PHILADELPHIA — They turned out, as usual, in droves. Reborn Phillies fans flocking to a sold-out Citizens Bank Park, replete in expensive fan garb and waving free red rally towels.
Not that there’s anything new about that anymore.
“It’s got to be the atmosphere and the adrenaline going,” winning pitcher Zack Wheeler said Tuesday night after pitching the Phillies to a 4-1 victory over the Miami Marlins in their NL Wild Card opener. “As soon as I step foot out of the dugout to go stretch out there in the bullpen, the crowd went nuts, and I got chills.”
So, too, the Phillies figured, did the Marlins. For a team accustomed to playing to droves of empty seats – the Marlins made the playoffs while averaging a National League-low 14,355 fans – the noise that greeted them at the start of Tuesday’s game had to have some impact.
“The crowd was into it,” Miami manager Skip Schumaker said, “no doubt about it.”
But he added that he didn’t think his players were put off by the 45,662 (and thensome) packed into the park, noting, “This is the playoffs, it’s going to be loud wherever you go.”
(Well, maybe not Miami).
“It was electric,” said experienced playoff participant Trea Turner, who was in the postseason three times with the Nationals and the past two years with the Dodgers. “It was a lot of fun. From the start, I think, intros is pretty funny. I laugh at just the energy and watching the other team kind of have to deal with it. It’s always kind of fun.
“But they were good,” Turner added about the fans. “They were good all game from the first inning; on their feet every two strikes. It was fun to be a part of.”
After a 10-season absence from the playoffs, most of these same Phillies took their fans on a very unexpected playoff ride to the World Series last year. It was new for team veterans like Rhys Hoskins and Aaron Nola, who will start Game 2 Wednesday night here, and likewise to what became a newfound Phillies fan base that seemed to grow in number as the 2022 season wore on.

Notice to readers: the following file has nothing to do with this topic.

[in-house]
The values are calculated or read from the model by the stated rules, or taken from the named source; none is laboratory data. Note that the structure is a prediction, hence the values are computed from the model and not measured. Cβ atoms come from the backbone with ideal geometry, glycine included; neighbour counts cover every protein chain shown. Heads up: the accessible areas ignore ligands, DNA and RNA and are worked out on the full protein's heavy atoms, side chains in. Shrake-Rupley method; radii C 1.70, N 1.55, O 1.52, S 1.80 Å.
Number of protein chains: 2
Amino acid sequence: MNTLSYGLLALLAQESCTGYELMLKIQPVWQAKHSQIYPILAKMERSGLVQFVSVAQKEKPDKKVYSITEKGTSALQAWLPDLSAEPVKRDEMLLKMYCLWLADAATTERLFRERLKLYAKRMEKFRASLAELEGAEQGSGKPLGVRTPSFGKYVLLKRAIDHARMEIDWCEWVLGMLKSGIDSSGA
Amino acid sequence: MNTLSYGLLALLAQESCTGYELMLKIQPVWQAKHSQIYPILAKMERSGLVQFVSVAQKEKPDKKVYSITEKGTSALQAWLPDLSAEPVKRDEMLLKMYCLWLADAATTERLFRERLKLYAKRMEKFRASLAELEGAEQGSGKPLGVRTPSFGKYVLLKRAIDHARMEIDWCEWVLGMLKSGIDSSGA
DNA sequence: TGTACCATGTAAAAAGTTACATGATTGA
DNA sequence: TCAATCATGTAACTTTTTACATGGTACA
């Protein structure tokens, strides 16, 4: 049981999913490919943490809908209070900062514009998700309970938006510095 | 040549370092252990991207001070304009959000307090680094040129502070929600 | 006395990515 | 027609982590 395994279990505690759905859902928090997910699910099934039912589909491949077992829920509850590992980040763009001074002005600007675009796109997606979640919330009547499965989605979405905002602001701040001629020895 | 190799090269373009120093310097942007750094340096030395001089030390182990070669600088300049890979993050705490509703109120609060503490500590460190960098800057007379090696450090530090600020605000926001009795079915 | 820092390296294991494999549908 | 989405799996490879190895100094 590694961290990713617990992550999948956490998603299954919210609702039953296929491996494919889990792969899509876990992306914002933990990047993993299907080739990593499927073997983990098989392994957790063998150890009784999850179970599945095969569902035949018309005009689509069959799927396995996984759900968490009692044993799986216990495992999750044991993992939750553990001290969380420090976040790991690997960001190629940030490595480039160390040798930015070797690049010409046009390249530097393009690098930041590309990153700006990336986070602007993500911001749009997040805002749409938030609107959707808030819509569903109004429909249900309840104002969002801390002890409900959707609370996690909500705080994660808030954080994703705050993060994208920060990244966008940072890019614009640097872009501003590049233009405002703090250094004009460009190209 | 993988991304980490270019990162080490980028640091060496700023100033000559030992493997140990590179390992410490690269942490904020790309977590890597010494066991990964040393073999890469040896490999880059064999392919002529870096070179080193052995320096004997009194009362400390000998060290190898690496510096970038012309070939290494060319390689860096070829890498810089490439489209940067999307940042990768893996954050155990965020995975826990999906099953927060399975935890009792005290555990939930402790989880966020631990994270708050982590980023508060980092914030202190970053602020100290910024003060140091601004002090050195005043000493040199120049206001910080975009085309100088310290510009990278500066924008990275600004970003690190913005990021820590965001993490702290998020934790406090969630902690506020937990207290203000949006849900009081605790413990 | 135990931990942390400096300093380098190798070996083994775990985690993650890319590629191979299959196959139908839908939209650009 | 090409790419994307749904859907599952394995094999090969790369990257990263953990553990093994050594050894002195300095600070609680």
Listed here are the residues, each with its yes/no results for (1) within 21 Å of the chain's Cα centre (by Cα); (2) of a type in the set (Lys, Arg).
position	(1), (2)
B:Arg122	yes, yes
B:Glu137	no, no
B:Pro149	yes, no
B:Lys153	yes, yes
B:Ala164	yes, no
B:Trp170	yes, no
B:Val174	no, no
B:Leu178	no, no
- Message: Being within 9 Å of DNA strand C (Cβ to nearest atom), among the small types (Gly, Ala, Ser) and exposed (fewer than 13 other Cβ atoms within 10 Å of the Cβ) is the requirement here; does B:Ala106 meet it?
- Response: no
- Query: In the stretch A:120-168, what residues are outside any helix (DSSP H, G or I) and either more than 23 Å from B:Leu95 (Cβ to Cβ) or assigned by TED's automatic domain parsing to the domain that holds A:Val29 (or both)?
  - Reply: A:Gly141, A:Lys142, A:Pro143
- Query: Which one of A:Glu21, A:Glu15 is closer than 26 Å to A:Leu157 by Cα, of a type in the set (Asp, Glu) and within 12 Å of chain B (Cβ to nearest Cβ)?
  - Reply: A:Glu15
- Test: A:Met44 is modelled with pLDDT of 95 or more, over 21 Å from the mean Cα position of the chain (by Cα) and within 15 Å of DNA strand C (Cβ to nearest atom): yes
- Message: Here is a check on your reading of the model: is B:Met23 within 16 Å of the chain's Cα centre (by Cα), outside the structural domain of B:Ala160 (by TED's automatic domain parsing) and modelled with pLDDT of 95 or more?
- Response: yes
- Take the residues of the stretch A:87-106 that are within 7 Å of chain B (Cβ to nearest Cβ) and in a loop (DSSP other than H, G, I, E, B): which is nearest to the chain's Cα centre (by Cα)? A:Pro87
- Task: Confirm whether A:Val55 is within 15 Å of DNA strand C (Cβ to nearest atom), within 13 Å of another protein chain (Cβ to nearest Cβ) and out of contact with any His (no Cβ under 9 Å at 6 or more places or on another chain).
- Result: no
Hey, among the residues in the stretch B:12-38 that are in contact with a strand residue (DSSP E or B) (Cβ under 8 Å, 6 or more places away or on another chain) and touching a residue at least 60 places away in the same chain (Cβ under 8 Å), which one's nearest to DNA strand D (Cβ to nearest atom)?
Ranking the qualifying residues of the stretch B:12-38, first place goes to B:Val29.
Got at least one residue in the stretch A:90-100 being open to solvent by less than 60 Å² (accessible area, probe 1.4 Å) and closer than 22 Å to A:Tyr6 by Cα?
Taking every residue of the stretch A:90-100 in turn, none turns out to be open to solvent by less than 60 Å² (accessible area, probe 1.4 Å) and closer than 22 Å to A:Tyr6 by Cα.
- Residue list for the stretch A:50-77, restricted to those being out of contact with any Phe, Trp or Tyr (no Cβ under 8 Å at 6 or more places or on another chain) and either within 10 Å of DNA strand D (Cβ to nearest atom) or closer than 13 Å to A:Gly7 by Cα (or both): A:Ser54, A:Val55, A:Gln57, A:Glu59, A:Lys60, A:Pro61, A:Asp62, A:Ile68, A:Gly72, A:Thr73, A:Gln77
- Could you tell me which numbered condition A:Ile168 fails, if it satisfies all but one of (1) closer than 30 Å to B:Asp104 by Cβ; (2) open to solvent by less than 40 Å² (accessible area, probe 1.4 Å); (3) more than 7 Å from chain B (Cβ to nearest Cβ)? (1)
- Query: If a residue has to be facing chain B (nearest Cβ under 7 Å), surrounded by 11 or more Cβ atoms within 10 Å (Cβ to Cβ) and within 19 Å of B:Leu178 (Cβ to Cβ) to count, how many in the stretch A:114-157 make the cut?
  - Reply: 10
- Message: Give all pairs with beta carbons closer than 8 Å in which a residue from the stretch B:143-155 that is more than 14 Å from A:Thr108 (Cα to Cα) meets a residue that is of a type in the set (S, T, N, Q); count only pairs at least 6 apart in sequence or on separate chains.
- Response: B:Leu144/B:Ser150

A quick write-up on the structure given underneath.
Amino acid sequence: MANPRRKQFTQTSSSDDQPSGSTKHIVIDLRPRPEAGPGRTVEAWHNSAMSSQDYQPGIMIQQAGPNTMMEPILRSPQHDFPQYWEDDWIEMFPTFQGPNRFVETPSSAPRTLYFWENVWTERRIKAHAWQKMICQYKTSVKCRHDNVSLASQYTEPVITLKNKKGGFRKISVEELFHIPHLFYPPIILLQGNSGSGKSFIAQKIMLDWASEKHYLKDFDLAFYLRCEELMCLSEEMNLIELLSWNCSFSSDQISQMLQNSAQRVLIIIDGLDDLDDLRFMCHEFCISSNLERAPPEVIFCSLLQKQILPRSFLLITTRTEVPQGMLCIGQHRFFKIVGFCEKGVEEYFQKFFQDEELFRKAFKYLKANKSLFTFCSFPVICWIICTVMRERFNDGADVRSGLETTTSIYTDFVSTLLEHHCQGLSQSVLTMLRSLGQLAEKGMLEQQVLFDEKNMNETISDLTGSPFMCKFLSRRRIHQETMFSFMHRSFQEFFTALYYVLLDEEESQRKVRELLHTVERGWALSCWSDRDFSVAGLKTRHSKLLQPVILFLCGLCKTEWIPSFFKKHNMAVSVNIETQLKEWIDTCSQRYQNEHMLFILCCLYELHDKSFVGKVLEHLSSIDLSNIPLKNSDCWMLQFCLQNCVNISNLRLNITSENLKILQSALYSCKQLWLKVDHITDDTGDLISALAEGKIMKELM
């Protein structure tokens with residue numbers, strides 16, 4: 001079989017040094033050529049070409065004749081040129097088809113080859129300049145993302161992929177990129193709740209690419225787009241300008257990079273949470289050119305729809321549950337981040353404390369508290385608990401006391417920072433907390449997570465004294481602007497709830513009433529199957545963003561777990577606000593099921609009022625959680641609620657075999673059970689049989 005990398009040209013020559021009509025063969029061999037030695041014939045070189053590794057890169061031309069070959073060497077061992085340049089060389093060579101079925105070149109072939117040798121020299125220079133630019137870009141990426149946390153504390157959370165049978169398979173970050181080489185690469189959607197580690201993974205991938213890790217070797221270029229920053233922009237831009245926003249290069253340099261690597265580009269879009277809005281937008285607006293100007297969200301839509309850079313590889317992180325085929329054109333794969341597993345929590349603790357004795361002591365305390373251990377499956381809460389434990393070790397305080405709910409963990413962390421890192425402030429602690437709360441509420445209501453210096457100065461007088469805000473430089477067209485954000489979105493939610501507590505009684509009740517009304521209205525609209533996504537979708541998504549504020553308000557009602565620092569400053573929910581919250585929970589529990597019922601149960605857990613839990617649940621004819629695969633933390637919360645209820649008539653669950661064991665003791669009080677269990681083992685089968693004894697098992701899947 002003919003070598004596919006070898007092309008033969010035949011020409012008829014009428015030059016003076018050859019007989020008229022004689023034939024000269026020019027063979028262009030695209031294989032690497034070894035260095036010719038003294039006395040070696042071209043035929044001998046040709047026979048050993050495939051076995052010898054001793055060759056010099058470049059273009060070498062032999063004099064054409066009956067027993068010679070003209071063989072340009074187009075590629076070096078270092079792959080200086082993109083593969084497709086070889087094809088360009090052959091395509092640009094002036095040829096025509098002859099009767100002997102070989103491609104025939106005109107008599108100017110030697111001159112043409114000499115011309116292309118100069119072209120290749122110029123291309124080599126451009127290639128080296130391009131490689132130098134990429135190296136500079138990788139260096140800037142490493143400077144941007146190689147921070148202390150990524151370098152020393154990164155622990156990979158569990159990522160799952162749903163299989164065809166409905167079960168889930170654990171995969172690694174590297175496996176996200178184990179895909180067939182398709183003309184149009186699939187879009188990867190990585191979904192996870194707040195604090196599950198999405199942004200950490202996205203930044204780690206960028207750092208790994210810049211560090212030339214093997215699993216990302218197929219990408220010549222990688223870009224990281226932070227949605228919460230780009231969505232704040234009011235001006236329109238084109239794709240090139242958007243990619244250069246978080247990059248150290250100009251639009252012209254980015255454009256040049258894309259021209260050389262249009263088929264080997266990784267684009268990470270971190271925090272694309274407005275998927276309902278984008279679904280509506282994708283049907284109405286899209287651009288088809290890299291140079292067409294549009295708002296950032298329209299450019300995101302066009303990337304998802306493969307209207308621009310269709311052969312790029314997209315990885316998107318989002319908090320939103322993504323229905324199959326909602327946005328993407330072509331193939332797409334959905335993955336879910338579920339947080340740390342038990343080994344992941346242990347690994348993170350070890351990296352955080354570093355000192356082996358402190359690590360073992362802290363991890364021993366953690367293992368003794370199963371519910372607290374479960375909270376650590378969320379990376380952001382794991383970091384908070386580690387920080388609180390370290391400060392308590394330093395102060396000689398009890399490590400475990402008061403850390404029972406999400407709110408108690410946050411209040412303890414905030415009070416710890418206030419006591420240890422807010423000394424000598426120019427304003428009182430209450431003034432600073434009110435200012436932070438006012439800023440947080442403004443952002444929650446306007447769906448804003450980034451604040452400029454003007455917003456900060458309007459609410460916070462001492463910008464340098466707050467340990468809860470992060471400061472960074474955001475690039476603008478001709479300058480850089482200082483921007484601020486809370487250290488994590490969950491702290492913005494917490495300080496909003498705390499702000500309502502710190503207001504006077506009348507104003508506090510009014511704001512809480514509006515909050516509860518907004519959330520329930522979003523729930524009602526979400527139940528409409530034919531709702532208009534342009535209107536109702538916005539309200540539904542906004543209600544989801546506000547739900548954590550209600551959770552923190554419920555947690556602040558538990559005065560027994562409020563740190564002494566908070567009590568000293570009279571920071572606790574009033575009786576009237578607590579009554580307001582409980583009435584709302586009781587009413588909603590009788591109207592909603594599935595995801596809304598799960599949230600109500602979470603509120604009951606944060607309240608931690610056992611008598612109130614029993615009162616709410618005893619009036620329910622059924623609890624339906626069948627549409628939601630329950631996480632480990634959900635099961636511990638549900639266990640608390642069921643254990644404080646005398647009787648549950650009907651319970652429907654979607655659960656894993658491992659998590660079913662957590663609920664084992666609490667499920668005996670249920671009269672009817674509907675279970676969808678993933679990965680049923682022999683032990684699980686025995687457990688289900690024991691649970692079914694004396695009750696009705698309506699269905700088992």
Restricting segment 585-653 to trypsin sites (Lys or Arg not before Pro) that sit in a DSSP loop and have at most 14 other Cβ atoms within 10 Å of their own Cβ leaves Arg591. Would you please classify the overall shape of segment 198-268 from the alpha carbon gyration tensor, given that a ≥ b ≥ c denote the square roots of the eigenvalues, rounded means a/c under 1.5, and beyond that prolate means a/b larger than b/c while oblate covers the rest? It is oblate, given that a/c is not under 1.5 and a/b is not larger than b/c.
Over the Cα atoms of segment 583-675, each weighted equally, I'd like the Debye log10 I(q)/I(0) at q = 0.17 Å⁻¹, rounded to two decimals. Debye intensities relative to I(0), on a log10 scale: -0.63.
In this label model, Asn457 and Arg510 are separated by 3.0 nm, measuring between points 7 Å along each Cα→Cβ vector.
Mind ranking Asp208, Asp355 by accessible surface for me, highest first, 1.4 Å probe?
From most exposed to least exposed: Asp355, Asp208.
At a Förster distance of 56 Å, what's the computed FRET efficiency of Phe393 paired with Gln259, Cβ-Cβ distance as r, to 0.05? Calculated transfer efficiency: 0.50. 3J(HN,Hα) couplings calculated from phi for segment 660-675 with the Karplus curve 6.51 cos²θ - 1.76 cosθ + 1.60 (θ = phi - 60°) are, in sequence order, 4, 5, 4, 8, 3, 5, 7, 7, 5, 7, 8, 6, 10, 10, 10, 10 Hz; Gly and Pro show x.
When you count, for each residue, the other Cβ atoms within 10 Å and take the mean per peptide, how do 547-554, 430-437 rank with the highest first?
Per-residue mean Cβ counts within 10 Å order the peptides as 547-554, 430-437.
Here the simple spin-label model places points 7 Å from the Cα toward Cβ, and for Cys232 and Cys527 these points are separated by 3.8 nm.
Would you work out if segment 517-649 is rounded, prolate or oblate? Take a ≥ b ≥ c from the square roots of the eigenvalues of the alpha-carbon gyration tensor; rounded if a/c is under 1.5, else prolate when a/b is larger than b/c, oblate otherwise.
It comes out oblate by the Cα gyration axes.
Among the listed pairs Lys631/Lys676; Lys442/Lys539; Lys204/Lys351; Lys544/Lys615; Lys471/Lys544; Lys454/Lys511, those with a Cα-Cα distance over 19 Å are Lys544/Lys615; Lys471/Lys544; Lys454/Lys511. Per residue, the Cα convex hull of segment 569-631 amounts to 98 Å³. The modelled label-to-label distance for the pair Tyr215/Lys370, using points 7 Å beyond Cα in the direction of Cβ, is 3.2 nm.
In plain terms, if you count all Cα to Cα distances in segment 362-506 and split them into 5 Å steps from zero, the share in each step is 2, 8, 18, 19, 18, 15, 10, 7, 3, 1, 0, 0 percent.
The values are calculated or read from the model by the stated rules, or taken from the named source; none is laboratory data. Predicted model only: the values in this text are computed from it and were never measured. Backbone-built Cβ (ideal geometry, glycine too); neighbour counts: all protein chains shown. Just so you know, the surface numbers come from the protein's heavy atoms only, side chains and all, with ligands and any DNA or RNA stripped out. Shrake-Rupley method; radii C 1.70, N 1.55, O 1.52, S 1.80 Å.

Majority owner John Middleton doesn’t seem inclined to let that fanbase slide again. There he was after Game 1 of this series, standing on top of a dugout and tossing baseballs to fans out of a bag he was carrying. Then he spent more time autographing many of them.
Kind of like the way he’s signed so many big checks the past couple of years to keep star players like Wheeler here and bring others like Turner in.
“We think everyone’s here for a reason, and we all can contribute,” Turner said. “We grind things out, whether it’s offensively or the pitching staff, whatever it may be.”
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While it’s true that every playoff crowd is going to pump up the volume, maybe there is something to the claims that the crowds of Citizens Bank Park seem to have an extra impact. After all, the Phillies are 23-11 in postseason games in this building. Per Elias, among all teams in major league history to play at least 30 postseason games at home, the Phils’ current .676 postseason winning percentage tops them all.
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Phillies third-base coach Dusty Wathan decided to hold up Kyle Schwarber in the first inning as he was about to rumble around third and head home in the first inning Tuesday. The ensuing throw from Jesus Sanchez was off-line, which would have made it easy for Schwarber to score. Later in the game, Wathan sent Nick Castellanos home, where he was tagged out.
And then Bryce Harper ran right through a Dusty stop sign and scored in the eighth inning. Harper would claim later that he didn’t see Wathan’s hands up.
“He’s just so aggressive, and he wants to win,” Rob Thomson said of Harper. “He wants to score. It’s not like I’d tell him, ‘hey, if somebody tells you not to run, go ahead and run if you want to.’ That’s not … we don’t do that. But he’s just so instinctive and so aggressive that sometimes he runs through stop signs.”
Source: Berkshire mont